Following from Thomas Dixon’s previous very popular post for OUPblog, he has very kindly agreed to write another article for us. Here he reflects on the recent interviews conducted with the two Presidential hopefuls at the Saddleback ‘Civil Forum on the Presidency’ in terms of Christianity as an altruistic or individualistic faith. Thomas Dixon is Senior Lecturer in History at Queen Mary, University of London, and is the author of Science and Religion: A Very Short Introduction and The Invention of Altruism.
There has been an outbreak of altruism in the race for US President. During interviews with the influential evangelical pastor Rick Warren at the Saddleback ‘Civil Forum on the Presidency’, Barack Obama and John McCain spoke about their selfless motives for seeking to become the most powerful man on earth. Both Presidential candidates had done their homework. They knew what their interviewer and his congregation wanted to hear. Warren’s multi-million-selling book, The Purpose Driven Life, begins with the words, ‘This is not about you.’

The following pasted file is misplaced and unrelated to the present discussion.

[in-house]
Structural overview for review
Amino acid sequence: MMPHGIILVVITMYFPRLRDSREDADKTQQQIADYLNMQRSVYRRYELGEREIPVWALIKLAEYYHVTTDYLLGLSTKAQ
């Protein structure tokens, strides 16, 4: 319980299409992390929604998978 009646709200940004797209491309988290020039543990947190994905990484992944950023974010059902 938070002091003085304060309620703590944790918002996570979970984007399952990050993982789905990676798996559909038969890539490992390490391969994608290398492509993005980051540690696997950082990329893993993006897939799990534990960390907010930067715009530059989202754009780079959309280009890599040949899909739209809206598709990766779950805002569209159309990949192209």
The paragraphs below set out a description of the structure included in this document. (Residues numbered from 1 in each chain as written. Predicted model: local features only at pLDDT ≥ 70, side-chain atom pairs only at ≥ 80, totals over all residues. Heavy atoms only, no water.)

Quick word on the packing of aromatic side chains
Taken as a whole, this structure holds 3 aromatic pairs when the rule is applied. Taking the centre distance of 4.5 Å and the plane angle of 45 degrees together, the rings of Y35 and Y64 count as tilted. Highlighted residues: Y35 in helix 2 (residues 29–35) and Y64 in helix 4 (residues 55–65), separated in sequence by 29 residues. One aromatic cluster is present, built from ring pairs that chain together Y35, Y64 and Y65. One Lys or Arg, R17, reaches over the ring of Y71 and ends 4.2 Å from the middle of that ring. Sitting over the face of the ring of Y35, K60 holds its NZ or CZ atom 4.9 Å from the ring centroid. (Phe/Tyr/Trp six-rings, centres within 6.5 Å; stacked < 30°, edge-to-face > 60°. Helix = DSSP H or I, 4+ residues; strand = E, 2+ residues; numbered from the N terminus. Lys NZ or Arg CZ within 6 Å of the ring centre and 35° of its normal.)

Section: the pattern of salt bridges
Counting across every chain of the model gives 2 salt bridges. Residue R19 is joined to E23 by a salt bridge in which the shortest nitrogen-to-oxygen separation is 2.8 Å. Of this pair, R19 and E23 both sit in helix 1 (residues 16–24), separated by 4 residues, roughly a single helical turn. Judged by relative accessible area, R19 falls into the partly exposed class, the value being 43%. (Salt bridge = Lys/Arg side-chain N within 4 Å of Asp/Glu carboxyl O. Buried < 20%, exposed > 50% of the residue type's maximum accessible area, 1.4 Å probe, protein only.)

Whether Christianity is in fact a religion of altruism, rather than individualism, is an interesting question. Historically both believers and skeptics have recognized the self-interested character of Christian teaching. When Jesus told the rich young man to sell all he had and give it to the poor, this was for the good of the young man – so that he would have ‘riches in heaven’ – rather than for the good of the poor. Oscar Wilde approvingly described Jesus as ‘the first individualist in history’. And Obama and McCain both told Rick Warren that being a Christian meant that they were, as individuals, saved from their sins, forgiven, redeemed. But the keynote of the Saddleback Forum, reflecting Warren’s own interpretation of Christianity, was self-denial rather than self-fulfillment, sacrifice rather than salvation.